In a unique newly published book project, The American Fraternity: An Illustrated Ritual Manual, Cornell University professor and director of visual studies Andrew Moisey combines excerpted lofty oaths and secret rituals from a dogeared 50+-year-old leather-bound ritual manual he discovered in a vacated fraternity house with his own documentary photography of life in his younger brother’s Berkeley residential Greek house captured between 2000-2008; both remain unnamed. Interspersed in the book, styled after the found ritual manual, are historical images of fraternity men, buildings, and activities, collected through archival research. Lists of the fraternity affiliations of U.S. government and corporate leaders—U.S. Presidents, Cabinet members, Supreme Court Justices, Senators, Fortune 500 CEOs—convey an implied question by Moisey about the entwined relationship between political and economic power, definitions of masculinity, and the complicated history and culture of some of America’s oldest secret collegiate societies.
This unique book project also includes an essay by Nicholas Syrett, a leading authority on the history of white fraternities in America and Chair of Women, Gender and Sexuality Studies at the University of Kansas, and a creative response by novelist Cynthia Robinson. Tucked inside the book, like a long-lost college memory, is a faithful reproduction of an original folded and stapled anthropology assignment written by a fraternity member using his own Greek house and brothers as the subject with the teacher’s comments and a grade. This exhibition includes a small selection of images and text from the book project, as well as the original found ritual manual.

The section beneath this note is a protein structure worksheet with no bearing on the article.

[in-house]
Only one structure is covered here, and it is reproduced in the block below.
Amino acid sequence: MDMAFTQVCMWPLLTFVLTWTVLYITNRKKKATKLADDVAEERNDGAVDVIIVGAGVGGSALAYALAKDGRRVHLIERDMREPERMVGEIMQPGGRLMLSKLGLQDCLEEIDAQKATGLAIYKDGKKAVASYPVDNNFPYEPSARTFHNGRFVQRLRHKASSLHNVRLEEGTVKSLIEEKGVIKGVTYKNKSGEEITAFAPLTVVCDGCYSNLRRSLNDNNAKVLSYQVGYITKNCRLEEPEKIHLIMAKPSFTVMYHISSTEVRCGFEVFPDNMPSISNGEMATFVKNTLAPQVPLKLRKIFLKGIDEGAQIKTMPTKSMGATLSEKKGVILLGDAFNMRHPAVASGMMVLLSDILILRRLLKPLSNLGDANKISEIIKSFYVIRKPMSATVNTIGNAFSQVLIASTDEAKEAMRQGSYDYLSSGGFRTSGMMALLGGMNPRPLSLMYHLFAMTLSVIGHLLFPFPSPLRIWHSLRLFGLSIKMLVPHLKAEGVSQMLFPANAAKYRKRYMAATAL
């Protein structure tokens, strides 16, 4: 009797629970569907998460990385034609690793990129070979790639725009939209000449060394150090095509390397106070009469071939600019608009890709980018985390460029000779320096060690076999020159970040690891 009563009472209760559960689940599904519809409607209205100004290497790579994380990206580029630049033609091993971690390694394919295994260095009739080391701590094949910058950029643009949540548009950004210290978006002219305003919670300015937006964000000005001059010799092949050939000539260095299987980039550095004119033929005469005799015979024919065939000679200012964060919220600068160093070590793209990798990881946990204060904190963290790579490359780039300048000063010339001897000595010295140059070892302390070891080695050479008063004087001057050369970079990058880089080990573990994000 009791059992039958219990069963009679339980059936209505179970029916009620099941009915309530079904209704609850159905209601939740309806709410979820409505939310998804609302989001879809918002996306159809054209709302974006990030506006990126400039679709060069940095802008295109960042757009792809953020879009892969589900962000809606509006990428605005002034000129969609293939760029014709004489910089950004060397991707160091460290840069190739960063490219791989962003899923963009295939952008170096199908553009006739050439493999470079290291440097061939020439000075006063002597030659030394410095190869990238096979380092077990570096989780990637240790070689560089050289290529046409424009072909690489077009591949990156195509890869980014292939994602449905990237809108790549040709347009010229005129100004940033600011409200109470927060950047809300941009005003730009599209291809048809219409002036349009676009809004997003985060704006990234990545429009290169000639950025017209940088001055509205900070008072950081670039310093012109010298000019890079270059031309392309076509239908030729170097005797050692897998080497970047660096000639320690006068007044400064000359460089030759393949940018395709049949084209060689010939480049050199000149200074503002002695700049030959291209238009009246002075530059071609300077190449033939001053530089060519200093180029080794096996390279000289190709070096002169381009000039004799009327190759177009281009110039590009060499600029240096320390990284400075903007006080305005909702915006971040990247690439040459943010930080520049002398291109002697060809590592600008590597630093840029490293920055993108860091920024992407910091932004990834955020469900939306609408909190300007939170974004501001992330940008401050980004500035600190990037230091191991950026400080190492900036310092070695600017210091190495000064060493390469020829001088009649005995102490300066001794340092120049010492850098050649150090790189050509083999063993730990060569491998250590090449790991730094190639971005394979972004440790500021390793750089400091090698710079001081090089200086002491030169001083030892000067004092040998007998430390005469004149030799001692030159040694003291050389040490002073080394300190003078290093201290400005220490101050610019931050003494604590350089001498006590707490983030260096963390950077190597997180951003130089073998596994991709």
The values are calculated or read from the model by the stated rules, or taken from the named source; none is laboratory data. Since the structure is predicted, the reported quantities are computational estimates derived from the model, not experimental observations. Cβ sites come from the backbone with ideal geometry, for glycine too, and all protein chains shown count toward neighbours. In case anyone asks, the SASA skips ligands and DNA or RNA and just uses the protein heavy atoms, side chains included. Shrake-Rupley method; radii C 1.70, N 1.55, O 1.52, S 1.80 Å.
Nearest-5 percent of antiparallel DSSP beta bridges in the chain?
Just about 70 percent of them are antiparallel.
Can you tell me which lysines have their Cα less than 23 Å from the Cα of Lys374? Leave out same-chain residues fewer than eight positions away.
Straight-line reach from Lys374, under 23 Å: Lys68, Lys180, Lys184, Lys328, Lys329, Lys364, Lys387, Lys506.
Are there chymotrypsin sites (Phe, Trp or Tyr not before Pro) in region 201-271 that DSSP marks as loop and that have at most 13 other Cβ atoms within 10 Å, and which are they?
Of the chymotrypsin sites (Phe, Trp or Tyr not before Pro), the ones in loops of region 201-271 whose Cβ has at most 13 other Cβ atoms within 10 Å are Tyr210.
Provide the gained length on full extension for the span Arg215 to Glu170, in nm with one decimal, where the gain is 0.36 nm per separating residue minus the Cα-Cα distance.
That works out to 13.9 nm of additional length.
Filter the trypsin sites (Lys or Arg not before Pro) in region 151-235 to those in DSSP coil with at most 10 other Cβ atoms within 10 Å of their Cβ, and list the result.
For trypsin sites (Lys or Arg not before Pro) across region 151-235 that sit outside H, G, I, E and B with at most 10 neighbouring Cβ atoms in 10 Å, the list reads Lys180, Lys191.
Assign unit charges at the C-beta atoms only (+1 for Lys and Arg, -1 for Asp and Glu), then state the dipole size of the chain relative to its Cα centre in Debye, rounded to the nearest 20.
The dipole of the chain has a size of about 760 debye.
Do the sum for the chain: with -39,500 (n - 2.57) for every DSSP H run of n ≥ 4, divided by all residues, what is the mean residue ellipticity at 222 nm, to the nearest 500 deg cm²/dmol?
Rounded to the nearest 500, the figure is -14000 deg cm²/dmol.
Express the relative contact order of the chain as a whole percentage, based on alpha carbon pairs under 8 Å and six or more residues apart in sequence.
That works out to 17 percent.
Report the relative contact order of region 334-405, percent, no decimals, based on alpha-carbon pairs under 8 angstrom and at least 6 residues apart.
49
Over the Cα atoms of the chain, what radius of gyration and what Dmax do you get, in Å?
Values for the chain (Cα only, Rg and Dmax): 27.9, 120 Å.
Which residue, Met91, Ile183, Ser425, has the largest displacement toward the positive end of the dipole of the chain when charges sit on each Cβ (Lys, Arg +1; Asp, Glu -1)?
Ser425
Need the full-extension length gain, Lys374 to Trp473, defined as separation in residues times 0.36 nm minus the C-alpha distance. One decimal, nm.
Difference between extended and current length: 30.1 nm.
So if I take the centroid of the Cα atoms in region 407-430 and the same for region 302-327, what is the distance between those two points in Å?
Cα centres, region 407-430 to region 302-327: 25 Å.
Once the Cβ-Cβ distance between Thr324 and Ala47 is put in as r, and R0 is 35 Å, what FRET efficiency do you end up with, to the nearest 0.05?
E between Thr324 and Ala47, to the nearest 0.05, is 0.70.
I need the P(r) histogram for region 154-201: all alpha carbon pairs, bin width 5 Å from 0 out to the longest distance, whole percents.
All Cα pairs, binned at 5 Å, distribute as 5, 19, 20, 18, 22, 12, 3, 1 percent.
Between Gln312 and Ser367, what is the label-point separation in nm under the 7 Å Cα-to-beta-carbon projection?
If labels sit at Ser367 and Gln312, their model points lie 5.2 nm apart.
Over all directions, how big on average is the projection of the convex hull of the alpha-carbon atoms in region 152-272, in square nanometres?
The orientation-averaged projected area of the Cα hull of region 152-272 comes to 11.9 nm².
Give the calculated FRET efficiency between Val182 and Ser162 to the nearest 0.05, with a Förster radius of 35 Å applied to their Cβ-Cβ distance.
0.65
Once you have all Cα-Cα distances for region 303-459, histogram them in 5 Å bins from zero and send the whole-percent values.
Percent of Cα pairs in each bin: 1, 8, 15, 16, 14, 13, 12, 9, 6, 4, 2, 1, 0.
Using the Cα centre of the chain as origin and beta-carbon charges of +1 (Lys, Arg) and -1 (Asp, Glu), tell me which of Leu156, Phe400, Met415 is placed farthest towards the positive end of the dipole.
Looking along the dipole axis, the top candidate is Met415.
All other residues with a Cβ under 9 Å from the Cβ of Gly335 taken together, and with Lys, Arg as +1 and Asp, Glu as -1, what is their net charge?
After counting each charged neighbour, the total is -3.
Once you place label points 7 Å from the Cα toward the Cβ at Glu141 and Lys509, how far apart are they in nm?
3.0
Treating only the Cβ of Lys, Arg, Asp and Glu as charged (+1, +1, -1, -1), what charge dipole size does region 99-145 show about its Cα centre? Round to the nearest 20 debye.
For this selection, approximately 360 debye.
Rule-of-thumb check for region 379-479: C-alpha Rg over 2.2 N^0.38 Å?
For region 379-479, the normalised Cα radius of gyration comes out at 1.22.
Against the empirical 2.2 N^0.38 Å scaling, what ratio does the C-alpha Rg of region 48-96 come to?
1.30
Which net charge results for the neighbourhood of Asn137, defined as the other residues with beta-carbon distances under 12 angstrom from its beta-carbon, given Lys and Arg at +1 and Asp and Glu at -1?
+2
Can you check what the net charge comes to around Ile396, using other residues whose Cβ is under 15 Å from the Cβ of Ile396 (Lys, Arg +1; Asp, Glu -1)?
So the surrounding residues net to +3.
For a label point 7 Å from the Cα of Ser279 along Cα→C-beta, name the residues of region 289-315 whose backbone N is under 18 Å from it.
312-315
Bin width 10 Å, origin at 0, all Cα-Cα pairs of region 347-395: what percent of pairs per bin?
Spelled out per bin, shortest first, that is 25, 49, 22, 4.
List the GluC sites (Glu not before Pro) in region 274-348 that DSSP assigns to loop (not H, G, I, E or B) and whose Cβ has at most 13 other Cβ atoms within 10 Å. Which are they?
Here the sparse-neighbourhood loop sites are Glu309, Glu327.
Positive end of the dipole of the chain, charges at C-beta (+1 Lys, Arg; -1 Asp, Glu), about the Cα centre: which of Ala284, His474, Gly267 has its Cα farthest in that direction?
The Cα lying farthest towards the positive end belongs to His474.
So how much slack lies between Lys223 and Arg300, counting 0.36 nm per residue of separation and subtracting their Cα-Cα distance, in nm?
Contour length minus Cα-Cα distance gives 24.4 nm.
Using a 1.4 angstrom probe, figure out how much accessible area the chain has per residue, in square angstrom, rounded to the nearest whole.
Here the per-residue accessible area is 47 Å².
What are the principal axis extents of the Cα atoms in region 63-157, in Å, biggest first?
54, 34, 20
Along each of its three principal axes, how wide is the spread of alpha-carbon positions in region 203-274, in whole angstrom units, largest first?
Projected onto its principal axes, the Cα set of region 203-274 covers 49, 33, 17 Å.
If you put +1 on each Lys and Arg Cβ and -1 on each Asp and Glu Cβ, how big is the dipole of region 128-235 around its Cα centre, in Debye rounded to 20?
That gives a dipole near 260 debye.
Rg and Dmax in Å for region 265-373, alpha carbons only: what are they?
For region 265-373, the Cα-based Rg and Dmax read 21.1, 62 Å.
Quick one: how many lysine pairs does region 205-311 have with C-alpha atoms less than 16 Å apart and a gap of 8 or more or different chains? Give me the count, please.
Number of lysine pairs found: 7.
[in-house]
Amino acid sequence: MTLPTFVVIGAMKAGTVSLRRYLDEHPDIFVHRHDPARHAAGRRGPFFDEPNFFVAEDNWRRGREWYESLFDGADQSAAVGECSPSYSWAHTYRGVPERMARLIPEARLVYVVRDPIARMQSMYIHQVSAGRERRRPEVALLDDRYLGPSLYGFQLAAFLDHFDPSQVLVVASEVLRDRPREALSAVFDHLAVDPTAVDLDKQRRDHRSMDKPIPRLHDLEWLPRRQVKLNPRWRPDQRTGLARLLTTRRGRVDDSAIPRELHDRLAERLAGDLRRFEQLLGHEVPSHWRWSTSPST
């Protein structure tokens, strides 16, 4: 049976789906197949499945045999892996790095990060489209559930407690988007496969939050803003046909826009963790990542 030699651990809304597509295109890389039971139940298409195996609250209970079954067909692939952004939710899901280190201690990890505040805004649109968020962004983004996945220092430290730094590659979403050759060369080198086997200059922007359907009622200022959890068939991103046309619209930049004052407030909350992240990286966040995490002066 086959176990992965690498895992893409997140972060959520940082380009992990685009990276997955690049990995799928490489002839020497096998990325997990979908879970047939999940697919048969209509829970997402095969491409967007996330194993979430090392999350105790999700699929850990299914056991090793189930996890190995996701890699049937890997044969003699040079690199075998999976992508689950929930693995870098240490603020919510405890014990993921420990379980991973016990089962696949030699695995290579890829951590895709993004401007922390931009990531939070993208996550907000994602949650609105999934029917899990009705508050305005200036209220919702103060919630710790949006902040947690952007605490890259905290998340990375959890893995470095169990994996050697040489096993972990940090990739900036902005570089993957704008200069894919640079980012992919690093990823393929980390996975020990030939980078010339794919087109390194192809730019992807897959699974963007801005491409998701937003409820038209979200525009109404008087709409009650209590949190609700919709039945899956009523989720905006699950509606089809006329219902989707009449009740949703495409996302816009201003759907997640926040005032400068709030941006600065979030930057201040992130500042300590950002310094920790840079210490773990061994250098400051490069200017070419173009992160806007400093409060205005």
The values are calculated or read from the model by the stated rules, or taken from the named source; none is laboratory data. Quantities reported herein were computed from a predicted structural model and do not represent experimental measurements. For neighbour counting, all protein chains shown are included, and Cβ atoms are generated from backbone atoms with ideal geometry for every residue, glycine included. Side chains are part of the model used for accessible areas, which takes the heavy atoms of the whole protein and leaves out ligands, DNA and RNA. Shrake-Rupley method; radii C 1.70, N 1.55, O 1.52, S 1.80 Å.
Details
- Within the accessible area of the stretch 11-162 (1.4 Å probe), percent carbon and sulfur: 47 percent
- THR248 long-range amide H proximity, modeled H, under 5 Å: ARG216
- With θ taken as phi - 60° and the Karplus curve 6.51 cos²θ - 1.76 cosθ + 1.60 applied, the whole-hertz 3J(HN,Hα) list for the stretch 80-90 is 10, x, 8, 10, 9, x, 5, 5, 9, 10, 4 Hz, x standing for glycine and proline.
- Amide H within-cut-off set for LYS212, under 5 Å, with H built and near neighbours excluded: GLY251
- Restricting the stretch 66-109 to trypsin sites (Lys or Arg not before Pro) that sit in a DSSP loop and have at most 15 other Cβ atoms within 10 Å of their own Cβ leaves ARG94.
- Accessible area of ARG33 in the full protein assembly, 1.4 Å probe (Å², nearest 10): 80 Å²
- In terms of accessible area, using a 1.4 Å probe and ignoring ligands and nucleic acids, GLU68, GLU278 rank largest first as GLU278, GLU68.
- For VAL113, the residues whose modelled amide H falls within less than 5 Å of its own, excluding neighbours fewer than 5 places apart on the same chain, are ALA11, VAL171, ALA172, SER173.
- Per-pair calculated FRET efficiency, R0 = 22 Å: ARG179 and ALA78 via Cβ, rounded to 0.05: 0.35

Opening Reception: Thursday, January 17, 5:00-8:00 PM
The Gund Gallery exhibitions and programs are made possible, in part, by the Gund Gallery Board of Directors and the Ohio Arts Council.
Image: Andrew Moisey (American) Untitled, from the book The American Fraternity: An Illustrated Ritual Manual. Image courtesy of the artist.
The Gund Gallery at Kenyon College reserves the right not to publish anonymous posts or those made using falsified email addresses or identities.
Dear Mr. Pierce,
I’m sorry to read your comment in response to the description of our upcoming exhibition. You should know that Andrew Moisey’s project does not directly represent any fraternities at Kenyon and is based on photo documentation conducted at an unnamed fraternity on another campus in the 2000s. Dr. Moisey hopes our premier of The American Fraternity exhibition inspired by his creative book project, which was just named one of Time’s best 25 photo books of 2018, elicits thoughtful dialogue and contemplation. He echoes my concern that criticisms or praise should be based on viewing the exhibition, which will open in a few weeks on January 17th, and considering it alongside his book and research, in addition to talks, faculty panels, student research and other public programs. I invite you to visit and allow me to personally tour the exhibition with you and talk about the images and the book project so that, in the best tradition of the liberal arts and Kenyon College, we might have the chance to engage “simultaneously with the claims of different philosophies, of contrasting modes, of many liberal arts” as stated in the Kenyon College mission.
Dr. Natalie Marsh, Director
So much for Kenyon’s commitment to diversity, inclusion, tolerance and rational thought. This book is so far from unbiased journalism. It is time for Kenyon to focus on diversity of thought
What a complete waste of time and money. More importantly, this is a classic example of how the progressive left is tearing the United States apart from limb to limb. It is shameful, divisive, untruthful, propagandist drivel. The Gund Gallery has demeaned itself, and by extension, Kenyon College.
I am absolutely ashamed that Kenyon would host such an exhibit. Clearly, the only intent on the part of Gund Gallery is to offend, harass and ostracize a group of students on campus. Will the Gund Gallery be hosting photo exhibits that display stereotypes of other social groups on campus and then hold the photos out as if they are fact? Truly upsetting!